"You cannot disregard it, however. The automotive industry survives on 2.5 per cent margins and any increase in cost could make a sizeable dent on these."

Dr Stefan Halper, a senior research fellow at Magdalene College, Cambridge, and author of the recent book 'Beijing Consensus' about China's future economic outlook, said recent events put China's manufacturers at some form of crossroads.

"China is desperately trying to hang on to its export market. It really doesn't want to give up its advantages which it has carved out of granite," he said.

He said attempts to cling on to its manufacturing prowess by making some of its goods offshore in Southeast Asia and then re-exporting them from China carried risks.

"They are going to find themselves in the same situation as American manufacturers, which will add a new interesting dimension to the globalization process. They will not win friends in the countries they site their new factories if they also export the worst conditions of China factories," he added.

Dr Dyer at A T Kearney said this constant seeking of some form of labor arbitrage would not work for China or any other country in the long term.

"This idea that Vietnam is the next Shangri-La and that we can keep on moving production to the lowest cost place is not really the future of manufacturing. In theory there will be eventually nowhere lower cost to move and costs will be equal everywhere, although I doubt that will be the case in reality," he said.

He predicts manufacturing would take place in future in the markets where the goods were intended to be sold.

"In the automotive industry product development is the most important part of the process. All the components can be manufactured and assembled in the relevant markets. There would be differences in the way this was done between India and China, for example, and cost differences, but it wouldn't be about chasing labor rates," he added.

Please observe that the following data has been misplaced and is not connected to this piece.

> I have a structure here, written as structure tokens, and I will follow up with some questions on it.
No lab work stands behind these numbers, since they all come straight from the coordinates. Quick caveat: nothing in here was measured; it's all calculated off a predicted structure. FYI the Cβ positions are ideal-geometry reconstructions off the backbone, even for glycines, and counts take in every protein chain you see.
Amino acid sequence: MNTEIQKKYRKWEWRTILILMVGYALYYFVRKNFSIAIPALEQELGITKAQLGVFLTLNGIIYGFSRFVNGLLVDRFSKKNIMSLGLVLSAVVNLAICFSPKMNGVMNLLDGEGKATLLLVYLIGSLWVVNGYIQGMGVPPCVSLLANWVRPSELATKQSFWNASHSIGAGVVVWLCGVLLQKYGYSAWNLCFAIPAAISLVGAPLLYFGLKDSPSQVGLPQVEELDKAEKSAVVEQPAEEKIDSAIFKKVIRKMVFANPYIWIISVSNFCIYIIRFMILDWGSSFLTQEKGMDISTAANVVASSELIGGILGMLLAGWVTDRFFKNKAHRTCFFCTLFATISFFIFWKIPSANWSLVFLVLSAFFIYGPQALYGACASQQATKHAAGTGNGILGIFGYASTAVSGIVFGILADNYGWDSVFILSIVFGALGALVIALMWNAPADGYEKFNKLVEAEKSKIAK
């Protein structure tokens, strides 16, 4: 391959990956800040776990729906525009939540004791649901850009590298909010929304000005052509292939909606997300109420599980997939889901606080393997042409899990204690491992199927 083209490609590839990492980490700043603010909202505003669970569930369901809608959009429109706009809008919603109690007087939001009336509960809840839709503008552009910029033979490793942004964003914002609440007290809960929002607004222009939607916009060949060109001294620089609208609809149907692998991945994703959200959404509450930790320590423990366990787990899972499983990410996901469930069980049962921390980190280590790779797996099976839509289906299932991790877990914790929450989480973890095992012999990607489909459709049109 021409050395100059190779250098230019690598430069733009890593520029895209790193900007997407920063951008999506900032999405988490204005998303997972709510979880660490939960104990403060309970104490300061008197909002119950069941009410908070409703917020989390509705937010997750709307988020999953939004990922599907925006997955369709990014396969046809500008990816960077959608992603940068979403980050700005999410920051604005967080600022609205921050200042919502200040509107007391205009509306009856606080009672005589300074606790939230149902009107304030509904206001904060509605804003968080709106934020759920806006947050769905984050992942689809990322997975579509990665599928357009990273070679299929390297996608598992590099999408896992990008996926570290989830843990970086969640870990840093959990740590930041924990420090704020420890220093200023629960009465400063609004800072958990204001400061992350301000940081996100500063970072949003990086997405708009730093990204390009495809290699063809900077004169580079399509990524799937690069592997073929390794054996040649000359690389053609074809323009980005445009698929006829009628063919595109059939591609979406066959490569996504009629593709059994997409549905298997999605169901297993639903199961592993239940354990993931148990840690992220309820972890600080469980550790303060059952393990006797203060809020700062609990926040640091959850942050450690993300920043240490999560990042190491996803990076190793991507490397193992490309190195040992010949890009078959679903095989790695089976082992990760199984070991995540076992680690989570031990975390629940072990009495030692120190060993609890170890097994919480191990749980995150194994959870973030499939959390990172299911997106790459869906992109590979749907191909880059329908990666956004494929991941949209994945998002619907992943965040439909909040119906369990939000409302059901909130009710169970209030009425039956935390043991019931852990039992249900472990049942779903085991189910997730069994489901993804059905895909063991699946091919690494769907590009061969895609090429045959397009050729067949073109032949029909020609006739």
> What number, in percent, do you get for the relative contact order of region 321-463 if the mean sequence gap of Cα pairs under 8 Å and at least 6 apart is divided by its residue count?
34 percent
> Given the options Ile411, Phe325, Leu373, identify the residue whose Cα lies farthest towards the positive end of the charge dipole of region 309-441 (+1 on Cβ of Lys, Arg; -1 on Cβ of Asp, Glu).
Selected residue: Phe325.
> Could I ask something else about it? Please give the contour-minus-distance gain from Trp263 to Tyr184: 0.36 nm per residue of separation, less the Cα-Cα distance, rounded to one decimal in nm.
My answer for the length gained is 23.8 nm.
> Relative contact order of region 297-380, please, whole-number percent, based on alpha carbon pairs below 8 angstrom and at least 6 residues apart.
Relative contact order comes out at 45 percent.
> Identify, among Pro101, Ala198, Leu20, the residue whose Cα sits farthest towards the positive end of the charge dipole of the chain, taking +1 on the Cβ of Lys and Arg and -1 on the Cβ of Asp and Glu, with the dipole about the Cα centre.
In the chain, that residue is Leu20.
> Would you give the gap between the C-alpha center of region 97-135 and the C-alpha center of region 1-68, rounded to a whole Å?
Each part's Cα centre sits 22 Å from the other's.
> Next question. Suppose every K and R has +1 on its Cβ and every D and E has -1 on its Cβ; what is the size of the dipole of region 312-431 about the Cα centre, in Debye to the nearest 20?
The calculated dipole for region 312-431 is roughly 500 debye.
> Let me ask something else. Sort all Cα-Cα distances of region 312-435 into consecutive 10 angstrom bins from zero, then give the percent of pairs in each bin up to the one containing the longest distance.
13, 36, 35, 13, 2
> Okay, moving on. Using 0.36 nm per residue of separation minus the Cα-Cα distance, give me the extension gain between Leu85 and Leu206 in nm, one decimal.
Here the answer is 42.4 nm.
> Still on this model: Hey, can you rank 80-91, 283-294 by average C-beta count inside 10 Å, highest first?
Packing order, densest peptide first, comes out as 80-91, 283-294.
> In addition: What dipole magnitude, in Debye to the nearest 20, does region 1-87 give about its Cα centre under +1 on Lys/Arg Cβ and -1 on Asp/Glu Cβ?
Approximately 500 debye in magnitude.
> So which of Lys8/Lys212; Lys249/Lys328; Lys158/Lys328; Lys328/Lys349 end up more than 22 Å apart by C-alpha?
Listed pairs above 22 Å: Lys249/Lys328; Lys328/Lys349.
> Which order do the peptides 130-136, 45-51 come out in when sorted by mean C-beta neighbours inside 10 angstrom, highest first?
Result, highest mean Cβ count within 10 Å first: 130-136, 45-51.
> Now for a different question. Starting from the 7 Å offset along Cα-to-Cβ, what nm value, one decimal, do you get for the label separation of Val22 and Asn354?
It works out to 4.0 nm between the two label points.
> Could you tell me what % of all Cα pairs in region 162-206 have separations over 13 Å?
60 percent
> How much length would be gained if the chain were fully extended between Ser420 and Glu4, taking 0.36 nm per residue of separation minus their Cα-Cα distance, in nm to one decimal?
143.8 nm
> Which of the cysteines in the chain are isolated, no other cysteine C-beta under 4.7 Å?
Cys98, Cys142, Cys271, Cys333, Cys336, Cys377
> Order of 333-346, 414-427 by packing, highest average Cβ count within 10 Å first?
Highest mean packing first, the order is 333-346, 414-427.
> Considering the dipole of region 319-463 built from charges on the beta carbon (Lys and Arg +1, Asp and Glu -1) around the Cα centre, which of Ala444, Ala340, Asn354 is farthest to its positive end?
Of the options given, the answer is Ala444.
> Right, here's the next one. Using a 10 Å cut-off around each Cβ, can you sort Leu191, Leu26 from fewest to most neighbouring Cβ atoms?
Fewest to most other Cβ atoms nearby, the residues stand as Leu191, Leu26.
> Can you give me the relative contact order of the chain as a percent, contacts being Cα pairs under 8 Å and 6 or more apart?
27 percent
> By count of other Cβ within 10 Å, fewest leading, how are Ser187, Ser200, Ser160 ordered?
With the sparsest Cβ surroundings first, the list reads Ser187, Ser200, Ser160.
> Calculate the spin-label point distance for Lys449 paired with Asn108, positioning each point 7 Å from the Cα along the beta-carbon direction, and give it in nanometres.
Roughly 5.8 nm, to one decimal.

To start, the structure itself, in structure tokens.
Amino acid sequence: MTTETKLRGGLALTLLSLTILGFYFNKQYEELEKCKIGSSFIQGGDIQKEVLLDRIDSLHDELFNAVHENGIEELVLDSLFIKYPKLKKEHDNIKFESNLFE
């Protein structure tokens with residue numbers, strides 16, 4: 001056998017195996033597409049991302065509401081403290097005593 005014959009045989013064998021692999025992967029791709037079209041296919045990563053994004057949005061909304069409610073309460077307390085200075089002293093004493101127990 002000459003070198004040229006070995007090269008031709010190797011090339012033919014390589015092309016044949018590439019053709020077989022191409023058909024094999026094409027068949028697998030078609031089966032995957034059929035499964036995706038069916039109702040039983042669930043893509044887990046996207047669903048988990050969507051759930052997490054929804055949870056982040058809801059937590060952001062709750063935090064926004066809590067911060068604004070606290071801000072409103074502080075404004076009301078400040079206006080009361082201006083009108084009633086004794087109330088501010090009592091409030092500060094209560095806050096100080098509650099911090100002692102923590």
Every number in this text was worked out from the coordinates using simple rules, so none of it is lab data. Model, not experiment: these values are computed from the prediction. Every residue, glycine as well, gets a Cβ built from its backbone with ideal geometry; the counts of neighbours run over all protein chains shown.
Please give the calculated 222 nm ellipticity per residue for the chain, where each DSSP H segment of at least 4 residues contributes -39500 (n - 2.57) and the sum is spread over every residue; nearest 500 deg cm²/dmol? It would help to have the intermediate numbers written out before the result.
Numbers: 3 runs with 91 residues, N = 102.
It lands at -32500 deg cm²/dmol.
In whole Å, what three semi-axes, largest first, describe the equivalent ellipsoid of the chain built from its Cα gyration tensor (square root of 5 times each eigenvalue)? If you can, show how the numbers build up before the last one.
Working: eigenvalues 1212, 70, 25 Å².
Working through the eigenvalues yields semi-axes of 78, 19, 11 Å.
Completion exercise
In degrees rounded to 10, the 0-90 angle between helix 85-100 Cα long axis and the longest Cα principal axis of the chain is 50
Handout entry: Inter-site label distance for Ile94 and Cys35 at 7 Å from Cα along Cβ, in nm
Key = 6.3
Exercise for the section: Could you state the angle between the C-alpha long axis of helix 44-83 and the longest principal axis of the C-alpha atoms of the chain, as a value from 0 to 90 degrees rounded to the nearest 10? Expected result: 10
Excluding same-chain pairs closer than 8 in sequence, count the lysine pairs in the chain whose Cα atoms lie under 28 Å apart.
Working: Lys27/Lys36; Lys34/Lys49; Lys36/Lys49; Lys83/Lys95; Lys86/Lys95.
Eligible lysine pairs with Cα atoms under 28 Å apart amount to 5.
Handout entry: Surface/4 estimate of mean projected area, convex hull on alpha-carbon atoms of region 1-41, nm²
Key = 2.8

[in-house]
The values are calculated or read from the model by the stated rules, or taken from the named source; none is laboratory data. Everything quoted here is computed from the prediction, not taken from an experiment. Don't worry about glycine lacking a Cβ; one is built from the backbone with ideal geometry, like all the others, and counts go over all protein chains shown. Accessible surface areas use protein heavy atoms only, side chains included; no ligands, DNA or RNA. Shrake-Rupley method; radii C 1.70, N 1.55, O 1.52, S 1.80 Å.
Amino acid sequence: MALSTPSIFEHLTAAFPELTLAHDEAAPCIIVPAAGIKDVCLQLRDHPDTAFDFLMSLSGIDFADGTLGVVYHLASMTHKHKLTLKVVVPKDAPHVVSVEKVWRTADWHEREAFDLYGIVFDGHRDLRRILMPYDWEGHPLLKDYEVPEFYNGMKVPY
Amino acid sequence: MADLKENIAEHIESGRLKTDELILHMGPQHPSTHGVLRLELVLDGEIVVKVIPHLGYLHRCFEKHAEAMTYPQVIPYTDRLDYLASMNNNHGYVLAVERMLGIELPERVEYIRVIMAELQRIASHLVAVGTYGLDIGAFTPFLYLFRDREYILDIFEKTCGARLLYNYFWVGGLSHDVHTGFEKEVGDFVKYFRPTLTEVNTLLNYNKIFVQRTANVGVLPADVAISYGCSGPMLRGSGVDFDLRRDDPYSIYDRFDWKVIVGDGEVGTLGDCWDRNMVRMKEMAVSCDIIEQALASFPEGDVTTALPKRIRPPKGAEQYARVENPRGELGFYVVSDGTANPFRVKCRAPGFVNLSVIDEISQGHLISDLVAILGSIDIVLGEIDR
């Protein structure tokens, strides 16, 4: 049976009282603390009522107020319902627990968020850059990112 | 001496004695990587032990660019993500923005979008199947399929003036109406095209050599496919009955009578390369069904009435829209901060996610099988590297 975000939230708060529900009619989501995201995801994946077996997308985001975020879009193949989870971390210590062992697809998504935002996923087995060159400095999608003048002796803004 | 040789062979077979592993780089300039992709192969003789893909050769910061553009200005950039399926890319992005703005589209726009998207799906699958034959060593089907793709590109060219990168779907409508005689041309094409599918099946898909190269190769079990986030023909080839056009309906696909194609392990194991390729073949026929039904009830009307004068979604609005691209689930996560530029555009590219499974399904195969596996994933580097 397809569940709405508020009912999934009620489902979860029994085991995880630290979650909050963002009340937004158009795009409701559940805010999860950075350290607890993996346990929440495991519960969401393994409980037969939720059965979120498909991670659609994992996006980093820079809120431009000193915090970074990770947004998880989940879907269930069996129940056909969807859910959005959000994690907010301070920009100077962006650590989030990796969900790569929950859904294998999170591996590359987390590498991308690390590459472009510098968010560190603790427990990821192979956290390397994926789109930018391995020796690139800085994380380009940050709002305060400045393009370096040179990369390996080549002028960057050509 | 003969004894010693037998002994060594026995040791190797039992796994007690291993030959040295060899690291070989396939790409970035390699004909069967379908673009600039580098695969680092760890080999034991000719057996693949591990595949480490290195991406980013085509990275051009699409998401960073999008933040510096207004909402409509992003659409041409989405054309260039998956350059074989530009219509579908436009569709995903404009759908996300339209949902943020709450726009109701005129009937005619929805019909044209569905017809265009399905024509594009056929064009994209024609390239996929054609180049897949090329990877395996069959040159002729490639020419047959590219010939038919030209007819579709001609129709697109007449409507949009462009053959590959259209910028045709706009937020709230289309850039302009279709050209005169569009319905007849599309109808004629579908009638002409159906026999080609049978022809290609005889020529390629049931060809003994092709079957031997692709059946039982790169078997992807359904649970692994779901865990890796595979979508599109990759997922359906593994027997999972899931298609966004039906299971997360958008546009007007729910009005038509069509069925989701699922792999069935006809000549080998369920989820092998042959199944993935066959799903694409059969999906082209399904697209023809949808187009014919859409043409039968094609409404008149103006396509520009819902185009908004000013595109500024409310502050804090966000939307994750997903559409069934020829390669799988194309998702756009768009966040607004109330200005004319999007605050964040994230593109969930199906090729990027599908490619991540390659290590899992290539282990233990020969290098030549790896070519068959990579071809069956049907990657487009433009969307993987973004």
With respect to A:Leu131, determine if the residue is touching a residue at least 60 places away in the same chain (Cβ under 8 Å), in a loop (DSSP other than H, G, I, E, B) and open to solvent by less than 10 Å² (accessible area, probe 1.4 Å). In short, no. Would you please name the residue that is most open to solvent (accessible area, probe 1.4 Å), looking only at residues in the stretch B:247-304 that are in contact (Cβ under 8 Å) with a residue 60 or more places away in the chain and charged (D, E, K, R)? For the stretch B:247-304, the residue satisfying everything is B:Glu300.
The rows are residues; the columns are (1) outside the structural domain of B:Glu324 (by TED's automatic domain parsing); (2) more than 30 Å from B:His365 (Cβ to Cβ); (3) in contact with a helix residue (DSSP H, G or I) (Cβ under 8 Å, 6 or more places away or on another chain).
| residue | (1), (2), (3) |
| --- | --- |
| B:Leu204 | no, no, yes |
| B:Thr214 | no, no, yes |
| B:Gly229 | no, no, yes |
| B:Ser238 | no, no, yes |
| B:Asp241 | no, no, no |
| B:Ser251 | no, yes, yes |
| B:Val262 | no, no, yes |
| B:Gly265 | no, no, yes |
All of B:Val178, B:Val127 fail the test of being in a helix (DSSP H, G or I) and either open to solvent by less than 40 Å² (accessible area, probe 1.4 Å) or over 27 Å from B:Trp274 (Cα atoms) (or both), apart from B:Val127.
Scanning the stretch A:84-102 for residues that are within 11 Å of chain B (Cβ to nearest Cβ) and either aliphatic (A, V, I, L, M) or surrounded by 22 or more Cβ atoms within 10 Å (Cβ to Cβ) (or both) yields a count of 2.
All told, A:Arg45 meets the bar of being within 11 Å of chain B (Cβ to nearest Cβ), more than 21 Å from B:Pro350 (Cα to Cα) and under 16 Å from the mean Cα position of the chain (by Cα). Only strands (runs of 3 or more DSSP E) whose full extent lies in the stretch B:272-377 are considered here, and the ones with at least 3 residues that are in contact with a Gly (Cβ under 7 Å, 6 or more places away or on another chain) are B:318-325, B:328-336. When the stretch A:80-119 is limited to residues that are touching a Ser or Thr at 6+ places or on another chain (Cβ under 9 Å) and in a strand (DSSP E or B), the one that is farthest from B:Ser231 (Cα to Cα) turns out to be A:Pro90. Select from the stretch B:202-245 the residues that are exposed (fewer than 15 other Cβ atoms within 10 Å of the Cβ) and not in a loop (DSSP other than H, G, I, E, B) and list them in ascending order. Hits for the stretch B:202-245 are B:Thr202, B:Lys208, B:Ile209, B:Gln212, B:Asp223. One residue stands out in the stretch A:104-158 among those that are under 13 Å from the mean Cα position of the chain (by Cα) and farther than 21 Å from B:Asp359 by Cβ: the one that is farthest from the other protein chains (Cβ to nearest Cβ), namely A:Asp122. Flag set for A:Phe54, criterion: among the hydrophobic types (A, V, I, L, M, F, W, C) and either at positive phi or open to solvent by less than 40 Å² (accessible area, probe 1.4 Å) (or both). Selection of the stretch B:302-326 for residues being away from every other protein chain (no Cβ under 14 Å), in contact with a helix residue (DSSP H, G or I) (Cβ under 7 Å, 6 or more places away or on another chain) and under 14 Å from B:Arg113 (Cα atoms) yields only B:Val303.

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That is for the future. Thun at the University of Oxford said it was not inconceivable in the medium term that low-cost manufacturing in China would continue to move further inland.

"It is said that by doing this you are moving further away from transport links and supply networks. It happened in the 1980s in Shanghai as a lot of development quickly pushed out to Zhejiang. It will be an incremental process. It may not go as far as the deepest western provinces but it inevitably pushes back from the coastal areas," he said.

It is in these coastal areas such as Guangdong where Chinese manufacturing is facing its biggest test, perhaps since reform and opening up began in the late 1970s.

Pinto, the manufacturing futurologist, said China was not about to lose its crown as the world's workshop overnight.

"China has really learnt how to ramp up manufacturing. It can provide quantity and quality at speed and this gives it real advantages over many other countries. It is not going to lose that any time soon," he said.